(2 / 5)
“Hey, that’s *blank from so-and-so. I love that movie/game” “Ah! They quoted/referenced that movie/TV show I love!” This is the reaction that Ready Player One seeks to get out of you with every moment it has onscreen. It pulls from so many pieces of instantly recognizable pop culture that there will be something that everyone will be able to recognize, whether it be a character walking by, a vehicle, or a line of dialog. Yet it has almost nothing to say or do anything inspiring with said big toys at its disposal. The experience is only surface deep.
We see a future where the rich have gotten richer and the poor are indeed poorer. Trailer park neighborhoods are in abundance but so much so that they are stacked up high on top of each other. It is a gray, muddy place to live and is not the hardest thing understand that people would want an escape. So they go to The Oasis, pretty much the internet that you can virtually enter. Our guiding character for the story is a young man named Wade Watts (Tye Sheridan), that just wants to get to The Oasis as fast as he can each day and search for the great McGuffin that exists there.
The Oasis was created by a man named James Halliday (Mark Rylance) and the great programmer was also a big aficionado on pop culture and hid three keys in this world that will allow the owner of all three to take a final test and become the owner of The Oasis.
An undeniably strong element to the movie is its worldbuilding. Worldbuilding is the construction of a fictional world and how it operates. In bad worldbuilding, it doesn’t make any sense and you are just left with questions, good world building you understand how it operates and has a solid grasp on how you would live in it. Because The Oasis has become so integral to life everyone logs in and when they win games they earn coins in the game that earns them money in real life. They can buy equipment that allows them better reflexes in-game and feels the touch of the world itself, also ordering stuff.
What bothers me greatly about the way the world is conveyed is that there doesn’t seem to be anything nourishing to the art. I believe that real art, be it cinema, literature or music exists to enrich those who consume it in some way. The world portrayed before us it seems like it’s just about seeing all high-status pop-culture movies out there and memorizing every facet of it, nothing about what it means or how it has shaped them as people. This is a world where the people can make anything, yet they all they do is recreate someone else’s creations.
A fundamental flaw as the movie was playing out is that Halliday is revered amongst the people in The Oasis, they have learned everything they can about him, his favorite movie, favorite pizza topping, quotes he lived by. He made a list of every movie he ever saw and when. I don’t think they realise how sad this man is. He lived his whole life alone, apart from one friend who he eventually kicked out. This is a man to learn from by avoiding all his mistakes.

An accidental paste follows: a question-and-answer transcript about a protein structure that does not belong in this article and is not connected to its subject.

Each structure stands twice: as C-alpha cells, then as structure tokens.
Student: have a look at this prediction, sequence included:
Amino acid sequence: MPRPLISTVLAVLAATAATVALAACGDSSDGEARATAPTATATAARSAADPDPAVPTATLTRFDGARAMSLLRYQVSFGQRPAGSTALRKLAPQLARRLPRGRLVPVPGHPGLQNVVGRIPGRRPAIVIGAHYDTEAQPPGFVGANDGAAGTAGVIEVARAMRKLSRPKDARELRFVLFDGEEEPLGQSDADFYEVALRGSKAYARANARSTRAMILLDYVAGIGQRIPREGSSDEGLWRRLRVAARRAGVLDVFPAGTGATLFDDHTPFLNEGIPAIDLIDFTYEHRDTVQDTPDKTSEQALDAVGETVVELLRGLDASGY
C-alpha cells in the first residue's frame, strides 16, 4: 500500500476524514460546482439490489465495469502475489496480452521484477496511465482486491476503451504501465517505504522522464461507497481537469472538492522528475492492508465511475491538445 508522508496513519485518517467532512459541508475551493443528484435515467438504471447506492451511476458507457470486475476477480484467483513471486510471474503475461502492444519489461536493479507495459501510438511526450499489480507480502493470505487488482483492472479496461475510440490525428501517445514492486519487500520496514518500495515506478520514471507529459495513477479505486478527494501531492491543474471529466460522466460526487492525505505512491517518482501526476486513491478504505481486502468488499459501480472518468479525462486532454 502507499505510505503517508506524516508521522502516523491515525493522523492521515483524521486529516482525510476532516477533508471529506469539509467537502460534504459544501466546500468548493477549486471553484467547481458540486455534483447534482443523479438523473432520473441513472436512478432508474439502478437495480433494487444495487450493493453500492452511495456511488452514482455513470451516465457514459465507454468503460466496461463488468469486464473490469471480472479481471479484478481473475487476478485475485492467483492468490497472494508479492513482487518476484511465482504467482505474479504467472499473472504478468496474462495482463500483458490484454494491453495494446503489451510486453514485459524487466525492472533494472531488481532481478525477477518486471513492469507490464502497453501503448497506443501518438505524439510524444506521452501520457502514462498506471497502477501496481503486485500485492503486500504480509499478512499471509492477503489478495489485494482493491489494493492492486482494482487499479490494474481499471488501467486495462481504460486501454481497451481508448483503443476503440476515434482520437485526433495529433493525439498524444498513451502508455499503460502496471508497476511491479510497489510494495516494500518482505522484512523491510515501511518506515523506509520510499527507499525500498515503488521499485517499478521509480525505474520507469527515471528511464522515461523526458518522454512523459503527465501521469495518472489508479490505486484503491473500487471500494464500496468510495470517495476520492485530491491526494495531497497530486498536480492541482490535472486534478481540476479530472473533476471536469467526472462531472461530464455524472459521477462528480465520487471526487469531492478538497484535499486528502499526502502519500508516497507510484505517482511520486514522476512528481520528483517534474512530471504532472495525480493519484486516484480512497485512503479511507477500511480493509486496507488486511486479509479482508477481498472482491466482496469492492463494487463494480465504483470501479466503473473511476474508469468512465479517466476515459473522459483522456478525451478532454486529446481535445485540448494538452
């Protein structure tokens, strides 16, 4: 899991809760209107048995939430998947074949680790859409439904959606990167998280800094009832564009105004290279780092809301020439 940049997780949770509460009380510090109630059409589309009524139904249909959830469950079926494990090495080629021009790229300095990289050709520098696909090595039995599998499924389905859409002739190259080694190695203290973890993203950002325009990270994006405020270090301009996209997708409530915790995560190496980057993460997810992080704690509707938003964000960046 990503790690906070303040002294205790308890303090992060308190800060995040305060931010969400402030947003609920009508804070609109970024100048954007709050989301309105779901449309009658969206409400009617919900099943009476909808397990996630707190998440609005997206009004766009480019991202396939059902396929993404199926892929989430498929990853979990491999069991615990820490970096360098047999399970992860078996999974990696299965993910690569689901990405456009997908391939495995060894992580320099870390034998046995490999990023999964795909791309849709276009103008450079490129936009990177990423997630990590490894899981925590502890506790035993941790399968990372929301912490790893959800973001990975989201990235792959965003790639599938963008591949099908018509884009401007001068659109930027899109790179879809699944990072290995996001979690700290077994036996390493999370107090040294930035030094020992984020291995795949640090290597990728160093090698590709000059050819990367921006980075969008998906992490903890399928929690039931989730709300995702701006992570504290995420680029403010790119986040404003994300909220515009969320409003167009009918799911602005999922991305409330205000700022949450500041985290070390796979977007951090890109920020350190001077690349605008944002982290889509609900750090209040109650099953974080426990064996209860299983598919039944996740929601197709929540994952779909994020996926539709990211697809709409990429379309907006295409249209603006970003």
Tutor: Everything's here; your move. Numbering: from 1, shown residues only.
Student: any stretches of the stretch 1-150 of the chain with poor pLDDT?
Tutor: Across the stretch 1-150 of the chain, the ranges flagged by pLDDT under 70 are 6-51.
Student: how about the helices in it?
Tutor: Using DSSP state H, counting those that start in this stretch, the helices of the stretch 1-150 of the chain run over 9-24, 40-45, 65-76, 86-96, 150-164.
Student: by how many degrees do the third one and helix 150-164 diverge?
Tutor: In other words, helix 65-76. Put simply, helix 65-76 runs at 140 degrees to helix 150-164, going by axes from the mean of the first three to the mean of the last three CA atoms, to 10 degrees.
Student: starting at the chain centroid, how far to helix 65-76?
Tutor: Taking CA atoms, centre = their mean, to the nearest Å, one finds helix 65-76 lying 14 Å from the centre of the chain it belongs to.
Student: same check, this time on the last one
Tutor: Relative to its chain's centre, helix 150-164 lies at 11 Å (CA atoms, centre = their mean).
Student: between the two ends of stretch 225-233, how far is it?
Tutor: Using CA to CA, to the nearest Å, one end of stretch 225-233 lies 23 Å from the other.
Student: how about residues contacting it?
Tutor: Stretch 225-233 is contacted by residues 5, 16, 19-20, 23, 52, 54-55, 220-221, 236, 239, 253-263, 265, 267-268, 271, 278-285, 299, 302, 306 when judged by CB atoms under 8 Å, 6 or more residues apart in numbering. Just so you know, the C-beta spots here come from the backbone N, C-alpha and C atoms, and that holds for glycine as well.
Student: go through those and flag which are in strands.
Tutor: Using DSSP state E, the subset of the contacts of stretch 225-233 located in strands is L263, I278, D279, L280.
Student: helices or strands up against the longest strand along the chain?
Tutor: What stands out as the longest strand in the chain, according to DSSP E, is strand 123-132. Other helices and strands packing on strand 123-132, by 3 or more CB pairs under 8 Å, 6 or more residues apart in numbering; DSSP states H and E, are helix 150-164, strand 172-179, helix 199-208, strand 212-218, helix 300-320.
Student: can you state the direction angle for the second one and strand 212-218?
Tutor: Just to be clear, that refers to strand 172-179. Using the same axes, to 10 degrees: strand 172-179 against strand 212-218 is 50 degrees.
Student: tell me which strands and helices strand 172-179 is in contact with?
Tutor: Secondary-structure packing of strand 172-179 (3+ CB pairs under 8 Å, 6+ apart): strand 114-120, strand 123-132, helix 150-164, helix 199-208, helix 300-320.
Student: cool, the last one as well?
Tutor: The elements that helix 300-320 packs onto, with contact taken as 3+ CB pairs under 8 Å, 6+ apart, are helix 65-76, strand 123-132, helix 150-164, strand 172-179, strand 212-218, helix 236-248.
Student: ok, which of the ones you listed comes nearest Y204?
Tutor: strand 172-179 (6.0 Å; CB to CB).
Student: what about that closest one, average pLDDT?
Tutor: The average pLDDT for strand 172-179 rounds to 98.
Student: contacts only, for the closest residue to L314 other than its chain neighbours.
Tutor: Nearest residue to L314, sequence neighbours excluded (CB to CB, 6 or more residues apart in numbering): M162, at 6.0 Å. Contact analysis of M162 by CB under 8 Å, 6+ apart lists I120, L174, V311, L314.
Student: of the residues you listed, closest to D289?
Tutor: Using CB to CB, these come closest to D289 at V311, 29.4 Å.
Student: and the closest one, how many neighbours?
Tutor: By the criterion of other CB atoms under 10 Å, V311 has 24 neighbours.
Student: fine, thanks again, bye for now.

As a movie what this offers is the chance to have nearly everything that is classic popcorn, crowd-pleasing entertainment. There is a race scene, martial arts fight, shootouts, dancing, sneaking around etc. Of course Speilberg is one of, if not the, greatest living visualiser working today and he clearly and effectively brings them to life. It’s just that it lacks a should because I feel how empty it is, I wasn’t invested in the characters goals because I just wanted them to log out, get outside and read a real book, see the sights and interact with actual people.
If this was an episode of Black Mirror or handled by Satoshi Kon then it would probably be taken to a much darker and interesting place. Truly examining why humanity rejects the real and takes comfort in the artificial. But this isn’t either of those and is only here to push your joy button.
Going into the big battle near the end I did start to feel a connection for the characters and understood that there were real stakes. Remove all the characters from movies, TV shows and video games and what you have is a well-composed battle where you understand the geography and key players bring contribute different things to it.
In the end, the message for this movie is that you should maybe spend a little less time dwelling on pop culture and spend some time in the real world and form actual relationships with people. Duh! I don’t need a movie to tell me that and it should be so intrinsically built into us that we shouldn’t need to spend over one hundred and fifty million dollars to make a movie to project that message.
In the end, I want so much more. I’m not against or even above being charmed by references, far from it. But I want them to take the essence of those precious moments I love and channel them into something that can stand on its own. This shows a world where originality seems to have fizzled out and all we can do is regurgitate the same.
For a movie with a similar premise but with much more depth and heart, I point you towards Mamoru Hosada’s Summer Wars. This, there is a good chance you’ll be tickled by all the appearances but everything else is so shallow.